Magnet-school resurgence? A Q&A with Richard Kahlenberg

Richard Kahlenberg

Charter schools have become the fastest growing and most politically popular school-choice option over the last two decades. But a group of researchers hope to draw political attention back to what they have described as “the forgotten choice”: magnet schools.

A report last month by UCLA’s Civil Rights Project highlights various strengths of magnet schools, particularly when it comes to their historic purpose of desegregation. Magnets typically enroll students from across a city or region and focus on a particular theme.

The researchers found that, like charter schools, the magnets they surveyed enroll larger percentages of minority students than traditional U.S. public schools. But the students in charters were significantly more likely to attend school in highly segregated settings. In 2008-09, for instance, 70 percent of black charter-school students were in an “intensely segregated minority school,” compared to 50 percent of black students in magnet schools, according to the report.

The reasons for this difference are complex, however, and the authors are quick to point out that their sample size was small. They reached out only to those schools that receive federal magnet-school grants; they heard back from 52 school leaders across the country.

In some cities, including New Orleans, many magnets have competitive admissions processes that require students to submit test-scores and past grades. Therefore, although the magnets might attract more racially diverse student bodies than non-magnets, they are not always accessible to the most disadvantaged students. Of the schools surveyed by The Civil Rights Project, 16 percent considered test-scores in admissions, and 18 percent factored in students’ grade-point averages.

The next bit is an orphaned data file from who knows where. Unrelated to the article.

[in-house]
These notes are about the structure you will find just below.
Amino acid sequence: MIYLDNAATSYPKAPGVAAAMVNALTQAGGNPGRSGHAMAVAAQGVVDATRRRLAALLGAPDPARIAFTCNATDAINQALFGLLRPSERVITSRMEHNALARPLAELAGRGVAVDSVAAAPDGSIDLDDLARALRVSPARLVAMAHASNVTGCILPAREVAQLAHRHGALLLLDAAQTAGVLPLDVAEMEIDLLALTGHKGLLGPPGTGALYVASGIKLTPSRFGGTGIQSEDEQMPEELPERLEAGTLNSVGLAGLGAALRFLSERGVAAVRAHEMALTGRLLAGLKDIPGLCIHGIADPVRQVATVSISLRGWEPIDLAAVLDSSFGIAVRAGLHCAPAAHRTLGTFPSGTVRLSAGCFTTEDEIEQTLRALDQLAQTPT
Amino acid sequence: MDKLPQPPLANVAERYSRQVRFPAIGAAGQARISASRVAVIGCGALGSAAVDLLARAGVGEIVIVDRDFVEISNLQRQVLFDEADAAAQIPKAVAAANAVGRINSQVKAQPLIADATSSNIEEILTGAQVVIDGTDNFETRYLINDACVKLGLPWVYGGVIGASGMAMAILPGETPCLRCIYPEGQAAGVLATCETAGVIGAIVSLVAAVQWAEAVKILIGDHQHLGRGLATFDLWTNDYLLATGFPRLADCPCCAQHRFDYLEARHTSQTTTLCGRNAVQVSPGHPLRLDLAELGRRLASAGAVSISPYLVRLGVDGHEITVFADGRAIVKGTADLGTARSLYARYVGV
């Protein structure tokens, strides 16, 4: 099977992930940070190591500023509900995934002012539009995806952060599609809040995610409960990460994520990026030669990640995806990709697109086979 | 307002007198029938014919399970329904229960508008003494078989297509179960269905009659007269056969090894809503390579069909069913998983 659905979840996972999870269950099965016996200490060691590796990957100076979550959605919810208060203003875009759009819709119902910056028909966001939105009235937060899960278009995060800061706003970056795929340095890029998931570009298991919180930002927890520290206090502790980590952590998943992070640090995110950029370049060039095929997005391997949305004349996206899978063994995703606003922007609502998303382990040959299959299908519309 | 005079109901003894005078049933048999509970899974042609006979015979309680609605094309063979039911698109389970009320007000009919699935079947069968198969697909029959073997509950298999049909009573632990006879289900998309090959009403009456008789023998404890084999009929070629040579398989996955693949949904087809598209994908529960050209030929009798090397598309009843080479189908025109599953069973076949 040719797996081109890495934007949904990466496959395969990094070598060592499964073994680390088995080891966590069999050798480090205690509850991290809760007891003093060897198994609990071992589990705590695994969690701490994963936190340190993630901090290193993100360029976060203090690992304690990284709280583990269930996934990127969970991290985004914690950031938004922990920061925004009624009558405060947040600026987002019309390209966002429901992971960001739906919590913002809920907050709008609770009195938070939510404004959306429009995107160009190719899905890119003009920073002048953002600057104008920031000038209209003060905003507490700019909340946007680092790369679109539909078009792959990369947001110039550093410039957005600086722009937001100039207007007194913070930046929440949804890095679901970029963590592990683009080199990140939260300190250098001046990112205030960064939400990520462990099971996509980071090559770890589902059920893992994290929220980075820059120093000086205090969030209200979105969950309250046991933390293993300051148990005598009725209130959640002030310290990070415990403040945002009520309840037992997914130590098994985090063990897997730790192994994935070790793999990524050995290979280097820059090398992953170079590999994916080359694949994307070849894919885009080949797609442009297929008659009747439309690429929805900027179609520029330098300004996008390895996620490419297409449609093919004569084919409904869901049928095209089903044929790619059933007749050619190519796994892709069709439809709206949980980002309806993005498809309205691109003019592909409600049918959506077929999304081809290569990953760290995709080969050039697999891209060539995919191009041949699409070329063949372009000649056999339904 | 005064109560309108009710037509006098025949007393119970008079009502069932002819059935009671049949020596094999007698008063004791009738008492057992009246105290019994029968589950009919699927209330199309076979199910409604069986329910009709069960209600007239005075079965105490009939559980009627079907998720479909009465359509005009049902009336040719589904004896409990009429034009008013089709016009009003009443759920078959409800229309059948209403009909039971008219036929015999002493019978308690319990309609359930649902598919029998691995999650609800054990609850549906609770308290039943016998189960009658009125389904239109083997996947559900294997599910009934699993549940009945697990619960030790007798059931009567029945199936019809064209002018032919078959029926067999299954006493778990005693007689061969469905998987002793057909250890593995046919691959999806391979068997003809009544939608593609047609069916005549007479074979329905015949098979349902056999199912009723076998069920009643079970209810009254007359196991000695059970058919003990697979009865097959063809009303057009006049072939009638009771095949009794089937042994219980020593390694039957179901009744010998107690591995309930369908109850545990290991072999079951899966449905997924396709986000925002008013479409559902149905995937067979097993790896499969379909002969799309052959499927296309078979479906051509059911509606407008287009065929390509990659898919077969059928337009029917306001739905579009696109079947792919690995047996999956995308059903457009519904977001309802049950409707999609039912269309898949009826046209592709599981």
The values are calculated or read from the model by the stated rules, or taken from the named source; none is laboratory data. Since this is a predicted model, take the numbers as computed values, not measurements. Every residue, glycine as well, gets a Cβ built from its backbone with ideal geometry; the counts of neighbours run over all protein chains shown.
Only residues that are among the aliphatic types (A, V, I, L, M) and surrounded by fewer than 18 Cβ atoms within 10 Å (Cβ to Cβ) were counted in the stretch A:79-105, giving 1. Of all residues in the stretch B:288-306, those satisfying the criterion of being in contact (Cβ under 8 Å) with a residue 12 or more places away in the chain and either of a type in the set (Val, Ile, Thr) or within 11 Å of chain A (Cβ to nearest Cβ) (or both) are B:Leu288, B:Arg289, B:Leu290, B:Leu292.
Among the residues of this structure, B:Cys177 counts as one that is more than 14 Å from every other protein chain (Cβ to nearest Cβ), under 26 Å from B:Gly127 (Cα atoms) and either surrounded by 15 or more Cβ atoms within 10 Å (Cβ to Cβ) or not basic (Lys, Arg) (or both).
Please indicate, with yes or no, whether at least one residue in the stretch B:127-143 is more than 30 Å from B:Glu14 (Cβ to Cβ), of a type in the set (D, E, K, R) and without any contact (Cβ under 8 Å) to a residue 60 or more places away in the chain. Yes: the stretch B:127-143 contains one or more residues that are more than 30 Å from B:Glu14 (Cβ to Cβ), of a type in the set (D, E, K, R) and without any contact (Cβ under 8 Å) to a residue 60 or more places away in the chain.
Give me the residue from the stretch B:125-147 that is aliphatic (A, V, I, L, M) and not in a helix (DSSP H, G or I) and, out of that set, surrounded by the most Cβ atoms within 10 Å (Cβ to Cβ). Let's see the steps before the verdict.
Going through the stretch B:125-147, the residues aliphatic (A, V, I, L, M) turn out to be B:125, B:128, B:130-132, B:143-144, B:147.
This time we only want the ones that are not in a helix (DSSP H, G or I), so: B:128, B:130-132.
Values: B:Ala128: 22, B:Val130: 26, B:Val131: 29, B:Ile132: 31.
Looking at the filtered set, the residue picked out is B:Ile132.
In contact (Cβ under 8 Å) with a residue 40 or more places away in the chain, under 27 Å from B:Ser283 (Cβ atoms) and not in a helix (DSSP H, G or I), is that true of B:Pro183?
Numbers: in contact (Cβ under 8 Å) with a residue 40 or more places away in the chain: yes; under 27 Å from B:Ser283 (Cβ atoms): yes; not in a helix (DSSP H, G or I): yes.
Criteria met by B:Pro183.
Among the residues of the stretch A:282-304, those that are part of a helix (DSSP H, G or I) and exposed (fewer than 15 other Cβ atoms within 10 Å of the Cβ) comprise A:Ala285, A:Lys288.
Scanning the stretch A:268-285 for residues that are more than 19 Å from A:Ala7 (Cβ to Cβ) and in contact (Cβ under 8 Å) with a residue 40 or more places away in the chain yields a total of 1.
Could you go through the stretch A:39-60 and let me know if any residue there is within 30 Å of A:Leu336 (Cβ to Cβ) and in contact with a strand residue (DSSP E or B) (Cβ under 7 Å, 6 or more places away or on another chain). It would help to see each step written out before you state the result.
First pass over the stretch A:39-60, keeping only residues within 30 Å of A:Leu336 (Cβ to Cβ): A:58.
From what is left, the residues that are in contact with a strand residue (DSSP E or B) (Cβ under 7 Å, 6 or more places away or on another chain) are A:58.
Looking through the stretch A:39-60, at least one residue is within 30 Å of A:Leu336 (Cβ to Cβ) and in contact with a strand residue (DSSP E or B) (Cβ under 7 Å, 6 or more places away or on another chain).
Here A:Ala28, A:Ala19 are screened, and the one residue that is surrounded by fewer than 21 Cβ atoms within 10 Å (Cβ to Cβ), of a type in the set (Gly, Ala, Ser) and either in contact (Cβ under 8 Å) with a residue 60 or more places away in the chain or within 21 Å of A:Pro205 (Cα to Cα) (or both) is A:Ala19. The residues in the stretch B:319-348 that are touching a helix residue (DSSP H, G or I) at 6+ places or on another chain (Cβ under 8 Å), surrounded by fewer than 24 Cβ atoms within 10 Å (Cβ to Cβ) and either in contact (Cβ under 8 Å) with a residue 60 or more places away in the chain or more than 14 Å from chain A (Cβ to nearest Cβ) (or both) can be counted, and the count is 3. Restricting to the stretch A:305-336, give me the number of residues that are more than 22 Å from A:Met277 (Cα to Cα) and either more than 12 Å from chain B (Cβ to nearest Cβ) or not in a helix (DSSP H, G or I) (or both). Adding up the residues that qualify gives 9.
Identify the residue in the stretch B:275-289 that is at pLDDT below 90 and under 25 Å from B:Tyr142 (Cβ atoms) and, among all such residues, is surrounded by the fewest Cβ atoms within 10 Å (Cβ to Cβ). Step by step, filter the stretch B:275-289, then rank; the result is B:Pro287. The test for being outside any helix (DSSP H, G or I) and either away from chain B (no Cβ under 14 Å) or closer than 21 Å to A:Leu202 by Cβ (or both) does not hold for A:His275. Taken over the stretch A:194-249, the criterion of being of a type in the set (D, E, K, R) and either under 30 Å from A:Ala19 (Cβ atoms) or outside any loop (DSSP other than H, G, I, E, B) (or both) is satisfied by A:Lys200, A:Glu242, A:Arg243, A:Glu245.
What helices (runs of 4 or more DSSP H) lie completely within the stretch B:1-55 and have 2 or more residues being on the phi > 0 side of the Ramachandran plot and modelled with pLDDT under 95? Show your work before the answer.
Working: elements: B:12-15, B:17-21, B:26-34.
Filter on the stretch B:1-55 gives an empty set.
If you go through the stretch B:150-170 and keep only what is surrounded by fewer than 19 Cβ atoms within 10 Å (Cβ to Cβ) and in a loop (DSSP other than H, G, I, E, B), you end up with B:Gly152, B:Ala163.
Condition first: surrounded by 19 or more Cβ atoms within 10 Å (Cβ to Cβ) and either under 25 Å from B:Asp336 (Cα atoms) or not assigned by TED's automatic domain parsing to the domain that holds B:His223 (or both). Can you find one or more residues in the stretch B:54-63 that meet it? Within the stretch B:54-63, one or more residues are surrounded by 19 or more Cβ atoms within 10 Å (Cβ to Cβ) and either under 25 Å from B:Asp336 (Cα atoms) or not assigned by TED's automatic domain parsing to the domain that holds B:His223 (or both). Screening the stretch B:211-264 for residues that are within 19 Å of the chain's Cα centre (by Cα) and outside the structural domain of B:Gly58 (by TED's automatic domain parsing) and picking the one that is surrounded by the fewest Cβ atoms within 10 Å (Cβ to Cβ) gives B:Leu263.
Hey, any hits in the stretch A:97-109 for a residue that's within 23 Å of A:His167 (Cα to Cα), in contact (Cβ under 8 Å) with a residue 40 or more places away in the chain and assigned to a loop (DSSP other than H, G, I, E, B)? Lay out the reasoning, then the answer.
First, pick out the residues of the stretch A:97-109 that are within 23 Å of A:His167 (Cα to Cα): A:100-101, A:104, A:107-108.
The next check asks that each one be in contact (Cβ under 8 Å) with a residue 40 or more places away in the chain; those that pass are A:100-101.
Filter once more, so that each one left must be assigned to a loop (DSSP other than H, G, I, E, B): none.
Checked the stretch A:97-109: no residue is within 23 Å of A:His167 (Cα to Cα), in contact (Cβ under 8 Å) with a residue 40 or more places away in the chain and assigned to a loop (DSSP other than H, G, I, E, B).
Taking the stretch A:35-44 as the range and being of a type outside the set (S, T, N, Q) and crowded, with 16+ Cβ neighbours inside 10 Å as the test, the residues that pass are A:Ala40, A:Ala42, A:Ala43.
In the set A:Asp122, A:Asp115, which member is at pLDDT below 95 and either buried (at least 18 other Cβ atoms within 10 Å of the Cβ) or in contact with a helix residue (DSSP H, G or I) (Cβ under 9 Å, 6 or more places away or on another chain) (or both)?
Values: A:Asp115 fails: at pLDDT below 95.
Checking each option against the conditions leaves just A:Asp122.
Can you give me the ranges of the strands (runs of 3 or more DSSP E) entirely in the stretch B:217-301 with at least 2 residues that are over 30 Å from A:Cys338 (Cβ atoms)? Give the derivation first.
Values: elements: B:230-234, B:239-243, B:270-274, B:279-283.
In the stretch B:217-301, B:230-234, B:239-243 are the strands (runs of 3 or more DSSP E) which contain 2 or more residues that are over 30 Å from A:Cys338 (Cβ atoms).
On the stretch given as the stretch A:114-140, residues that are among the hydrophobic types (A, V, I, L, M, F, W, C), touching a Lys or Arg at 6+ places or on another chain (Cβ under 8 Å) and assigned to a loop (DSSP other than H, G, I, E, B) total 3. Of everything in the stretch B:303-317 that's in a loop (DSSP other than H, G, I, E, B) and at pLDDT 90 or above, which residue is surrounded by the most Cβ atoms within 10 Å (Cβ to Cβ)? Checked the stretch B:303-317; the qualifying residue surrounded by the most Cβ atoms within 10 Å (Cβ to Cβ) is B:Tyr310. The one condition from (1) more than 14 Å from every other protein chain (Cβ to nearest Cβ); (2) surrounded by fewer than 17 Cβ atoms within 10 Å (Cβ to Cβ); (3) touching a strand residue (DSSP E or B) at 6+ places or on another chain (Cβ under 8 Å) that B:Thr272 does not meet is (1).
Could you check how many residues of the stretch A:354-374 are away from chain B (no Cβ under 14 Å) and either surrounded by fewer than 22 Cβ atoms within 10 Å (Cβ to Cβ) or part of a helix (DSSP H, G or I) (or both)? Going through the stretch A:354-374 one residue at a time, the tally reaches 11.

Total magnet-school enrollment still exceeds total charter-school enrollment, which just passed two million in the fall of 2011. But the federal government is spending far more on charter schools. The report points out that in 2010, charters received more than $250 million in federal funding, compared to about $100 million for magnets. Federal grants for magnets peaked in 1989 at $114 million.

Richard Kahlenberg, a senior fellow at The Century Foundation and a proponent of magnet schools, recently answered several questions posed to him by The Hechinger Report:

Q: When, where and why did magnets first appear on the scene in American education?

A: Magnet schools originated in the 1960s and became popular in the 1970s and 1980s as a way to racially integrate schools through voluntary choice rather than mandatory busing. Magnet schools employ a special theme or pedagogical strategy such as science and technology or a Montessori teaching approach with the goal of attracting a more racially and economically diverse group of students than would be achieved through compulsory assignment based on where student families can afford to live.

What are the main reasons you feel the growth and funding for magnet schools have stalled, particularly compared to charters?